The problem is, well, Charlie. Working day and night, he ruthlessly drives his subordinates and criss-crosses the country by private jet in search of acquisitions. For him, trading is much more interesting than managing, and companies are valuable primarily as building blocks of an empire rather than companies creating lasting value. He’s also in a bad mood and probably drinks too much. In other words, Charlie rides close to the edge and takes Ordway with him. At one point, Charlie’s frenzied greed pushes his attorney into a dangerous ethics violation, quickly corrected but shocking nonetheless. Ordway’s already strained marriage suffers further because of his demanding client, who sends Ordway’s wife a mink coat to soothe him after ruining a family vacation. The gesture falls flat.
But much more than a vacation is at stake. Before the closing of the crucial debenture offering, Charlie decides to acquire Bromberg Instruments in Northern California. It’s a smart move; Bromberg is a good company and has the potential to strengthen CCC’s balance sheet, making bonds more attractive to investors. It’s soon clear that each deal is heavily dependent on the other, and both are complicated by the personalities and family dynamics of the company’s executives: Bromberg father and son are at odds over the sale, and that’s perhaps be the least of their problems.
Meanwhile, Charlie’s house of cards falters as he demonstrates the worst qualities of the compulsive negotiator. A lawsuit filed by minority shareholders in the Hydroflo unit of CCC, a maker of washing machines, threatens to derail the crucial bond issue with well-founded accusations of mismanagement. Ordway manages to settle that one. But a seemingly fatal crisis erupts when another CCC acquisition, a power plant builder named Darby Turbine, runs into trouble.
Darby has built a new coal plant in West Virginia, but pollution scrubbers keep clogging and opinions differ on what to do to fix the problem. As a result, Darby’s customer – the local power company, which commissioned the plant – withheld final payment for the work. Suddenly, all parties to the bond deal are facing a diabolical tangle of technical, accounting, financial and, yes, legal difficulties that could torpedo the offer, wipe out numerous professional fees and bring Charlie’s empire down. Solmssen, like its protagonist, handles great complexity with consummate skill, making it all not only clear but compelling, and even maintaining a satisfying sense of urgency.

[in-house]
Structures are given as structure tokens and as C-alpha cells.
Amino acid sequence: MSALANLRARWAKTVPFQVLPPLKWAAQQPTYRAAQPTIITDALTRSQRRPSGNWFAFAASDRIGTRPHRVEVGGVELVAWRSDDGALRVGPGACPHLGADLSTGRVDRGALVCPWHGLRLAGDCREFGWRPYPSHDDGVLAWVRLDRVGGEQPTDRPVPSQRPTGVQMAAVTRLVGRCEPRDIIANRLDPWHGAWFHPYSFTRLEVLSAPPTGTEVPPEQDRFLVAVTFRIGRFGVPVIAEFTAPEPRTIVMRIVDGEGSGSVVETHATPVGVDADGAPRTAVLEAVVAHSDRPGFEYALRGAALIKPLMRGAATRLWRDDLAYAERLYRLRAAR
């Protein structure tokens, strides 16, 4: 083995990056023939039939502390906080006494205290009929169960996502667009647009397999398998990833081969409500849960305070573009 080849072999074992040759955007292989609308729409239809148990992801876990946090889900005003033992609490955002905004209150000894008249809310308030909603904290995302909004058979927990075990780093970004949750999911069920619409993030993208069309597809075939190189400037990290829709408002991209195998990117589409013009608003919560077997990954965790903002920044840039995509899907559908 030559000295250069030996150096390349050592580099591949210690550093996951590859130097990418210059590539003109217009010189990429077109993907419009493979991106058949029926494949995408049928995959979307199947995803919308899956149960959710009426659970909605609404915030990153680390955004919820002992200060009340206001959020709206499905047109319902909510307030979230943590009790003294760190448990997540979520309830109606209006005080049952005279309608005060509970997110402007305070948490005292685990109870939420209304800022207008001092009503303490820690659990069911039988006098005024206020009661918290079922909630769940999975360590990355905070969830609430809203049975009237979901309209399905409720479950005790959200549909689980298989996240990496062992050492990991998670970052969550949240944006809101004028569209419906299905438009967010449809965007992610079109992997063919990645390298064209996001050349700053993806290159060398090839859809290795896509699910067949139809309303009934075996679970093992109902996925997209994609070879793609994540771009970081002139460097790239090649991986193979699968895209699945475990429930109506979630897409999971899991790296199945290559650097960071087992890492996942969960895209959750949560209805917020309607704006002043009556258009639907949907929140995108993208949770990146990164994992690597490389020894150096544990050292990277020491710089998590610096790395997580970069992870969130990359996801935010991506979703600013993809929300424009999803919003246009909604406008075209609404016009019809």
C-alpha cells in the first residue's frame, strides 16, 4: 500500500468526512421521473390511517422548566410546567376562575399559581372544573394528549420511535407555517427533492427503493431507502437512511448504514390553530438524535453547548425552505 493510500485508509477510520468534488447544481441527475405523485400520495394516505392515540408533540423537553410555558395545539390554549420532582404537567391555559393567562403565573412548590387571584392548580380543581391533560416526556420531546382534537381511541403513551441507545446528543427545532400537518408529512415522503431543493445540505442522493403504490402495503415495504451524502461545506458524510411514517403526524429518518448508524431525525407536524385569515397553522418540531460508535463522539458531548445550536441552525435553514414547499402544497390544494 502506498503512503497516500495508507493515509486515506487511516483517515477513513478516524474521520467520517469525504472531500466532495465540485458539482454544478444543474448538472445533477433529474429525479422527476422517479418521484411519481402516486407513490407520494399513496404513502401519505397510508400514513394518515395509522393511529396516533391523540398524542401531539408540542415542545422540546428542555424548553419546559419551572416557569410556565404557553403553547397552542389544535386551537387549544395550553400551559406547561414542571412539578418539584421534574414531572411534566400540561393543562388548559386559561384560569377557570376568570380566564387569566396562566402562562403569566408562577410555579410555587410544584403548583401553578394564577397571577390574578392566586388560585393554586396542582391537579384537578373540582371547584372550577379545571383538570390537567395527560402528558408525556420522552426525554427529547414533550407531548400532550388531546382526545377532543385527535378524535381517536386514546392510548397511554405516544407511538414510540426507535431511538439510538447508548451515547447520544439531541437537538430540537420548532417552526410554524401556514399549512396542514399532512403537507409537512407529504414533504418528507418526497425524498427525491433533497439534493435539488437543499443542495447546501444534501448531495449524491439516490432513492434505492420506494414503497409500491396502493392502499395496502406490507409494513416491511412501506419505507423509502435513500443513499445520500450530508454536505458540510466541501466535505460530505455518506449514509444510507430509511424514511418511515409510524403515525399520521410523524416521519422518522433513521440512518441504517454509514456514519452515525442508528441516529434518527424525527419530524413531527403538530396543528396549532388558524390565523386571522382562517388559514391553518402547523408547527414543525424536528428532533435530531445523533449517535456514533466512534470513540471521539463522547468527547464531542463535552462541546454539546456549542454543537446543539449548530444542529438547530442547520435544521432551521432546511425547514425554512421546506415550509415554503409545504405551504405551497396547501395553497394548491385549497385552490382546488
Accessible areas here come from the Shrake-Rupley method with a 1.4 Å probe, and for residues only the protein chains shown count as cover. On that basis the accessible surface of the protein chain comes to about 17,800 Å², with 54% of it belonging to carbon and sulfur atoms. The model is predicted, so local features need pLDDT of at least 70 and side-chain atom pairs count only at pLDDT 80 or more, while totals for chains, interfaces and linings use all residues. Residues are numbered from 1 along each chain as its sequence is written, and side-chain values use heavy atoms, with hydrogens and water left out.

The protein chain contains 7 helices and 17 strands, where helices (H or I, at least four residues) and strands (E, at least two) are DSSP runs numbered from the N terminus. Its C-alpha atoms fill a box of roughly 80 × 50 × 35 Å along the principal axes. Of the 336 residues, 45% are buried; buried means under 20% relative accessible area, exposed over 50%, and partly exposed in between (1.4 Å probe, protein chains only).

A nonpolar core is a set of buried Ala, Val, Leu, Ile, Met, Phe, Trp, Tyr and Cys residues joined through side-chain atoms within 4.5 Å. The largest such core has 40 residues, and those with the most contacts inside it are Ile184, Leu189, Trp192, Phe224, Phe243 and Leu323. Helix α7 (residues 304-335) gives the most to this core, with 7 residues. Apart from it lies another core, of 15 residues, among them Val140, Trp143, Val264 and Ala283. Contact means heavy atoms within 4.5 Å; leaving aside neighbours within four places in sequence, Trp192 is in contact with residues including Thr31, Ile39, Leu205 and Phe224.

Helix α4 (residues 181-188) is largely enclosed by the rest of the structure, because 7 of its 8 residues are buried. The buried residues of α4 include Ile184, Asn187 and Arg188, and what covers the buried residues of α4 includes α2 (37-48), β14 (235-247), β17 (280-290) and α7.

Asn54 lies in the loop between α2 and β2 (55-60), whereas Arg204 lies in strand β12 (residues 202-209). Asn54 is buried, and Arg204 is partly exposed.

If you’ve never tried to make a deal like this before the digital revolution, you’ll be amazed at the effort – and strain – entailed by the ink-on-paper technology of the day. Suffice to say that things were much more difficult. With their backs to the wall due to a filing delay, the Brombergs, underwriters, accountants and lawyers agree that while the scrubber’s situation poses a business risk, it’s not an overwhelming risk. And even if it changes what is represented in the documents, everyone is better off living with a caveat inserted into the auditor’s “comfort letter” (an opinion attesting to the accuracy and completeness of the prospectus) than to withdraw from the agreement.
All that’s left is for Ordway to sign Conyers & Dean’s comfort letter, only he’s not very comfortable. No one, after all, sees potential problems more clearly than a lawyer. How bad is this scrubber thing? How bad could this get? Whatever happens, his firm will be involved. “I’m kind of sucked,” he complains to a lover as the action continues to its dramatic climax, “into something that I don’t really want to do because I’m afraid that everything crumbles if I don’t.”
Ordway is not perfect. But in the end, he turns out to be a damn good Philadelphia lawyer after all.